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US jobless claims tumble 23,000 to 298,000, sign that companies are laying off fewer workers

WASHINGTON - The number of Americans applying for unemployment benefits tumbled 23,000 last week to 298,000, nearly a six-year low that shows companies are laying off fewer workers.

The Labor Department said the less volatile four-week moving average declined 10,750 to 322,250.

Last week's unemployment benefit applications nearly matched a September figure that was distorted by late reporting from California. When excluding the September report, last week's figures were the lowest since May 2007.

Applications have now fallen in seven of the past eight weeks, a hopeful sign for job growth at the end of the year.

Last week included the Thanksgiving holiday, which can present challenges for seasonal adjustments. But government officials say there were no special factors affecting the report.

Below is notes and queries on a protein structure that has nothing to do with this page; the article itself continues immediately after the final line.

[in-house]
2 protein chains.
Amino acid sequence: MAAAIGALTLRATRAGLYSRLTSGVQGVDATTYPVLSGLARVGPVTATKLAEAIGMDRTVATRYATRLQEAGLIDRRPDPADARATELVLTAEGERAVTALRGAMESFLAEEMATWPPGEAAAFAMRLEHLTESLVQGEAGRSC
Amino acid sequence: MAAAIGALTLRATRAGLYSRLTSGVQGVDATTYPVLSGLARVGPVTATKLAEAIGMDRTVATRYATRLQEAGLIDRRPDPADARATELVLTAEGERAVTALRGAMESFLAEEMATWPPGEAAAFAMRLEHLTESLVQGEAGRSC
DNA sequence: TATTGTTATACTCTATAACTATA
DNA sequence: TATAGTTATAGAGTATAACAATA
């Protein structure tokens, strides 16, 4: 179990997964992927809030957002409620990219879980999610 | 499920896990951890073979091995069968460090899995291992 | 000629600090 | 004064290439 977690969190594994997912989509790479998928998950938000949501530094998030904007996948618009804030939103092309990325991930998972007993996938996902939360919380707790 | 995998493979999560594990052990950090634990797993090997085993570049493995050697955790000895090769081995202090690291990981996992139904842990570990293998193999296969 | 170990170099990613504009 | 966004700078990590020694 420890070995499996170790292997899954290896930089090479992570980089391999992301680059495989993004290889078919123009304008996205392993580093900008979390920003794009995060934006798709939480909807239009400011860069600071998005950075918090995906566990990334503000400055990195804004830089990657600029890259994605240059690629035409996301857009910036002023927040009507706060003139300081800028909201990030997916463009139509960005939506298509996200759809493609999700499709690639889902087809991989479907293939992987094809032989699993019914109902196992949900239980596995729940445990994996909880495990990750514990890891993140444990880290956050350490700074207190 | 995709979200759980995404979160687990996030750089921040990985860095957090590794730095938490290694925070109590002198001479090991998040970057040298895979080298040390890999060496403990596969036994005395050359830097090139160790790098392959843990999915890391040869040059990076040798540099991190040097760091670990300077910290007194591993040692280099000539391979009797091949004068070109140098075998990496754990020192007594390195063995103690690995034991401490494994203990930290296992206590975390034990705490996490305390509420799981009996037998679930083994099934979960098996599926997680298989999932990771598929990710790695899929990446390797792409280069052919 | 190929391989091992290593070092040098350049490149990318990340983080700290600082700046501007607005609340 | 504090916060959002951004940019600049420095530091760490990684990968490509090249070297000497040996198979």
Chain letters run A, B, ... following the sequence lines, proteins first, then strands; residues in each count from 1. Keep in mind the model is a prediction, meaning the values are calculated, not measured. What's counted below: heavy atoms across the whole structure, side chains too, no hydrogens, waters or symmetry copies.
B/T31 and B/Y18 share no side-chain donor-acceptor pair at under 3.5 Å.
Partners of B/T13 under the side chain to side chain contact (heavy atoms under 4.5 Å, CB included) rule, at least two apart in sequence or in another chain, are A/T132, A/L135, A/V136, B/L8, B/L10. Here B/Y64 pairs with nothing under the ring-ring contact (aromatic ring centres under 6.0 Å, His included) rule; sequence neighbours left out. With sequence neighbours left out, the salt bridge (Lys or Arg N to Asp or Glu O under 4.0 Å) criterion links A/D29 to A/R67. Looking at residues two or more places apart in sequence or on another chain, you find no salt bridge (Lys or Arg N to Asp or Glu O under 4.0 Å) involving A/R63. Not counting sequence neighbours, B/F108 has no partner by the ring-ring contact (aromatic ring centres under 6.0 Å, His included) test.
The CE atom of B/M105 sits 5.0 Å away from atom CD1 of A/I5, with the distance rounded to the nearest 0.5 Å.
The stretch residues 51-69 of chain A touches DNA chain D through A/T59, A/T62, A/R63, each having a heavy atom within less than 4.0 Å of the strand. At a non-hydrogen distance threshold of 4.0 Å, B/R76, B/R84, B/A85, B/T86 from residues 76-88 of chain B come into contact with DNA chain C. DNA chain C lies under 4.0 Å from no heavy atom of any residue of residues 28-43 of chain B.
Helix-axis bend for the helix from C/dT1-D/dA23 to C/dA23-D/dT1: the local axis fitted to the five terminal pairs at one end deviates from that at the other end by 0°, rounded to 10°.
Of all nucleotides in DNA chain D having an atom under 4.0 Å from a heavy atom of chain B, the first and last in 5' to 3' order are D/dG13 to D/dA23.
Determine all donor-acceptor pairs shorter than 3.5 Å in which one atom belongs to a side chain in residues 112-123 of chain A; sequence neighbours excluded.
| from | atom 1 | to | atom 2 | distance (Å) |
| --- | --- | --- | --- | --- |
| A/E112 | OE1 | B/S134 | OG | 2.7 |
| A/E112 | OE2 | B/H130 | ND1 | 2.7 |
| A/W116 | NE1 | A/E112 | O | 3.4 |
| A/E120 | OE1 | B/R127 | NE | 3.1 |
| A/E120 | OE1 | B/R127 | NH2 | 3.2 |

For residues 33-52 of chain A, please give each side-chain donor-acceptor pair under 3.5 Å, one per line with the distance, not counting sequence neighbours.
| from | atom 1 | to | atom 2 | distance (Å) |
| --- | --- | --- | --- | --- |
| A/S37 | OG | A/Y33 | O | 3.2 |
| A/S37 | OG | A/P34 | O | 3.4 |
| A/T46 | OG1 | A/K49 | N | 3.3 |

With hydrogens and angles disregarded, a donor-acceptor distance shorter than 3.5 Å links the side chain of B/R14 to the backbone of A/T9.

Weekly jobless claims are a proxy for layoffs. The steady decline should help boost job gains at a time when hiring has accelerated.

The economy has added an average of 202,000 jobs a month from August through October, up from an average of 146,000 in May through July. The government issues its November employment report on Friday.

A report Wednesday from payroll processor ADP suggested the hiring gains continued last month. Companies and small businesses added 215,000 jobs in November, ADP said.

Greater employment typically boosts income, which helps drive more economic growth. Consumers' spending accounts for roughly 70 per cent of economic activity.

Still, the unemployment rate remains high at 7.3 per cent. That's well above the 5 per cent to 6 per cent unemployment rate consistent with healthier job markets. When unemployment is lower, workers have more flexibility to change jobs.

Job growth is a major factor for the Federal Reserve in deciding when to reduce its economic stimulus. The Fed has been buying $85 billion in bonds each month to keep long-term interest rates low and encourage borrowing and spending.

The Canadian Press


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